Collaboration: What Women Bring To The Manufacturing Table

Aug. 3, 2007
Three women create a manufacturing process outsourcing solution.

Wendy Beam, Susan Dillon and Patricia Stansbury, all of The Holland Group, have developed an outsourcing manufacturing function, called Manufacturing Process Outsourcing, that is the culmination and combination of their collective talent across their careers in manufacturing. While Beam and Dillon came from Whirlpool, Stansbury picked up her experience through a variety of companies.

What they have in common is the desire to bring their own brand of creativity and innovation to manufacturing companies where they can create processes and then track and measure them.

"Manufacturing is excellent place to see how your efforts pay off. We can creative an improvement, see it in process and then measure our success," says Beam who is vice president of Holland Outsourcing and Holland operations. The Holland Group is a human resources and process Management company headquartered in Murfreesboro, Tenn.

It's getting her hands in the process that led Stansbury to Holland's outsourcing group. "I had started out as an engineering at Ford where I also earned my Six Sigma Black Belt. After moving through a few other positions I wanted to come to a process oriented position where I had tangible tasks and results."

See more on women in manufacturing, including additional articles and educational resources.
Dillon, who spent 22 years at Whirlpool prior to taking on the role of director of Manufacturing Process Outsourcing, also gravitates towards the finite measurements of results. "I was able to guide the concept of lean, when it was in the beginning stages of being applied to manufacturing process, and take it across my company. It was very satisfying to witness the positive effect it had on the company," she says.

Moving a company forward was particularly challenging for Beam during her time at Whirlpool as the company, and the industry in general, moved from a strong profit position to a strong loss within a short period of time. "We had to be innovative to stay in business. We all rose to the challenge and I have never settled for complacency in any work that I have done since that moment," she says.

Dillon too has found that complacency has no part in business today. "If I make a 20% improvement this year, next year I have to come up with an other 20% improvement. You have to keep moving to stay ahead of the competition."

One way that all three of these women are able to keep their clients ahead of the competition is was their ability to be collaborative in their efforts. Through their various training and experience they are able to not only put together teams of people necessary to make improvements, but they have also learned how to communication these changes.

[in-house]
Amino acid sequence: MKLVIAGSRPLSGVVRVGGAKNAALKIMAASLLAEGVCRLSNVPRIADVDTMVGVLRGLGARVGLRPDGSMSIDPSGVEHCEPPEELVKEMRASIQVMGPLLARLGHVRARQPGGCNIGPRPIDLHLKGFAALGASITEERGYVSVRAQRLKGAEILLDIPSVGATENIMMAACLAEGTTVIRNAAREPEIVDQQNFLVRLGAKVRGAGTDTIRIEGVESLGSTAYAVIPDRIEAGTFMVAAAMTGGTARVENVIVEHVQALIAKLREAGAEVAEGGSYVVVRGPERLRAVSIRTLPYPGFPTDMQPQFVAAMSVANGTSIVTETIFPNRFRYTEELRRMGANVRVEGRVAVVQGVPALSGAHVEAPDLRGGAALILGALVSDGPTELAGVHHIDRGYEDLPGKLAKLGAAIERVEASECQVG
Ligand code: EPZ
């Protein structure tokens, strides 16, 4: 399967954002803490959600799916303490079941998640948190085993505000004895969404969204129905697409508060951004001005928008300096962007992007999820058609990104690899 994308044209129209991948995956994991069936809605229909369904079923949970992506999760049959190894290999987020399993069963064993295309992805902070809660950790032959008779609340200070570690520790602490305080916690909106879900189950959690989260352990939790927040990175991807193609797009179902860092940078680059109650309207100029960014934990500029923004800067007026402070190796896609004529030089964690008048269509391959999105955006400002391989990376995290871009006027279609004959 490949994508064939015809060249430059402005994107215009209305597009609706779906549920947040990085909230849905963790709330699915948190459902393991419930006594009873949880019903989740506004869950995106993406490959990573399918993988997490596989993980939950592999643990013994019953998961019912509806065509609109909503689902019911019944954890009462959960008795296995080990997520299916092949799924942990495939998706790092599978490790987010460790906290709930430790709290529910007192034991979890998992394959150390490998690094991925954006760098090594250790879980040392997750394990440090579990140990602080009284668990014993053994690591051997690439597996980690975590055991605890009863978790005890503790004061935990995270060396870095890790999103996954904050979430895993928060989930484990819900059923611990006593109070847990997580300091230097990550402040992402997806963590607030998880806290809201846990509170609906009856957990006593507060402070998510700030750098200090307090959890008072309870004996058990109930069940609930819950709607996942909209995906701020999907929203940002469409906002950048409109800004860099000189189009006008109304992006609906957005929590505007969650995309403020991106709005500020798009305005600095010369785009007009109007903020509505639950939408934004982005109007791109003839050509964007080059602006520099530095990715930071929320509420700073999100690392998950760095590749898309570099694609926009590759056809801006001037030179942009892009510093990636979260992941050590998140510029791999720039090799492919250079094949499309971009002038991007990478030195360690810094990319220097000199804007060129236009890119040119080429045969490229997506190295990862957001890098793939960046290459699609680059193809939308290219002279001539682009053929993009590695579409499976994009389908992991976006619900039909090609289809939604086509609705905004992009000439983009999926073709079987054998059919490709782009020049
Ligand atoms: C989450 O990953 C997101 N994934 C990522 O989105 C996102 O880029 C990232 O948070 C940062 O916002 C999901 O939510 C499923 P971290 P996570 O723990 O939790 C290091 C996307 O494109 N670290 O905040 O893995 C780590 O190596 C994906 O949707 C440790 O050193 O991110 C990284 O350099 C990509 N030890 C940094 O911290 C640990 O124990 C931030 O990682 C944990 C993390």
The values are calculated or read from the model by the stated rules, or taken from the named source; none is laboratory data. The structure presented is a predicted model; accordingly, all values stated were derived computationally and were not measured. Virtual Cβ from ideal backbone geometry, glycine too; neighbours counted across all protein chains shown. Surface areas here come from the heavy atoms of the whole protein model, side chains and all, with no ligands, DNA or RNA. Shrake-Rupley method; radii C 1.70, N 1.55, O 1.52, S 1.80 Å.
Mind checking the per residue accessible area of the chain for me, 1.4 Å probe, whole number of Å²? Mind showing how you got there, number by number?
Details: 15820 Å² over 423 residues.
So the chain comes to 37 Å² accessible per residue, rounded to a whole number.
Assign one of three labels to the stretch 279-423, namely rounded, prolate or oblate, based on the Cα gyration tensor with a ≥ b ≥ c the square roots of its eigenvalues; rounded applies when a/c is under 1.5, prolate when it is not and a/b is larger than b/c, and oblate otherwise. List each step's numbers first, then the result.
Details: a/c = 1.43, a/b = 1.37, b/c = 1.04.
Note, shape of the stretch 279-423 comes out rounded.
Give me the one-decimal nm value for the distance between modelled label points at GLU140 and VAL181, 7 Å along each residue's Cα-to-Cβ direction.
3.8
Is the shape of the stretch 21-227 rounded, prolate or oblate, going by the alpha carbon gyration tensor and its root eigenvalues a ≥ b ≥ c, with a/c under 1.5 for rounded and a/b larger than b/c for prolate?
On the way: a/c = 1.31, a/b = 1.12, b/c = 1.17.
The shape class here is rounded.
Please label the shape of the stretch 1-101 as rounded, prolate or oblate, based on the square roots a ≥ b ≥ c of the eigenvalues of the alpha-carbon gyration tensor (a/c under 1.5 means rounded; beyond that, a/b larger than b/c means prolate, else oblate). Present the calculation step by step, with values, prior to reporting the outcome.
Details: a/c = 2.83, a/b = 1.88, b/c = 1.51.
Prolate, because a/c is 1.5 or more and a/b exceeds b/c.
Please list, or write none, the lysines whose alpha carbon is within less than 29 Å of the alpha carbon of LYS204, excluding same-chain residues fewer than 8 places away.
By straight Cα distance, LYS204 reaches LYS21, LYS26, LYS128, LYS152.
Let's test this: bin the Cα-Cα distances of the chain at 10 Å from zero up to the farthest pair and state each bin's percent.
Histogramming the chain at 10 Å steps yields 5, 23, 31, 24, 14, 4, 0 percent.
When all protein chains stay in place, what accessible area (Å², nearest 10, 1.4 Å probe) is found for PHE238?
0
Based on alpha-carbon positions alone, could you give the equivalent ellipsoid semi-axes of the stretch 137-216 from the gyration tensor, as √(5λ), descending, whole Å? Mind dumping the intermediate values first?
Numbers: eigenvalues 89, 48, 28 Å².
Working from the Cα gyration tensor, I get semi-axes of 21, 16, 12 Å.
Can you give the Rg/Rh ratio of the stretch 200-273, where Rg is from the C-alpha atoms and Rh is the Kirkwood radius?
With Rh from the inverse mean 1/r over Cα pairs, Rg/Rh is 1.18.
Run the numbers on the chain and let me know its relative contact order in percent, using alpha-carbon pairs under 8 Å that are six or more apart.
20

Beam, who for many years was the director of training at Whirlpool understands that in her current position of providing outsourcing to her clients, it is her ability to communicate with the people who will be involved in the process of change that makes all of the difference. "Where a team has been able to have input into the process and where lines of communications are open wide, the results are remarkable."

All three of these women feel that manufacturing offers them a place to put their talents to work and they would like to see more women enter the field. "I actively mentor women as was done for me when I was at Ford. Manufacturing, by its very nature, is a dynamic environment that women can excel in as it challenges them to use all of their many talents to seek out solutions," sais Stansbury.

About the Author

Adrienne Selko | Senior Editor

Focus: Workforce, Talent 

Follow Me on Twitter: @ASelkoIW

Bio: Adrienne Selko has written about many topics over the 17 years she has been with the publication and currently focuses on workforce development strategies. Previously Adrienne was in corporate communications at a medical manufacturing company as well as a large regional bank. She is the author of Do I Have to Wear Garlic Around My Neck? which made the Cleveland Plain Dealer's best sellers list. She is also a senior editor at Material Handling & Logistics and EHS Today

Editorial mission statement: Manufacturing is the enviable position of creating products, processes and policies that solve the world’s problems. When the industry stepped up to manufacture what was necessary to combat the pandemic, it revealed its true nature. My goal is to showcase the sector’s ability to address a broad range of workforce issues including technology, training, diversity & inclusion, with a goal of enticing future generations to join this amazing sector.

Why I find manufacturing interesting: On my first day working for a company that made medical equipment such as MRIs, I toured the plant floor. On every wall was a photo of a person, mostly children. I asked my supervisor why this was the case and he said that the work we do at this company has saved these people’s lives. “We never forget how important our work is and everyone’s contribution to that.” From that moment on I was hooked on manufacturing.

I have talked with many people in this field who have transformed their own career development to assist others. For example, companies are hiring those with disabilities, those previously incarcerated and other talent pools that have been underutilized. I have talked with leaders who have brought out the best in their workforce, as well as employees doing their best work while doing good for the world. 

Sponsored Recommendations

Voice your opinion!

To join the conversation, and become an exclusive member of IndustryWeek, create an account today!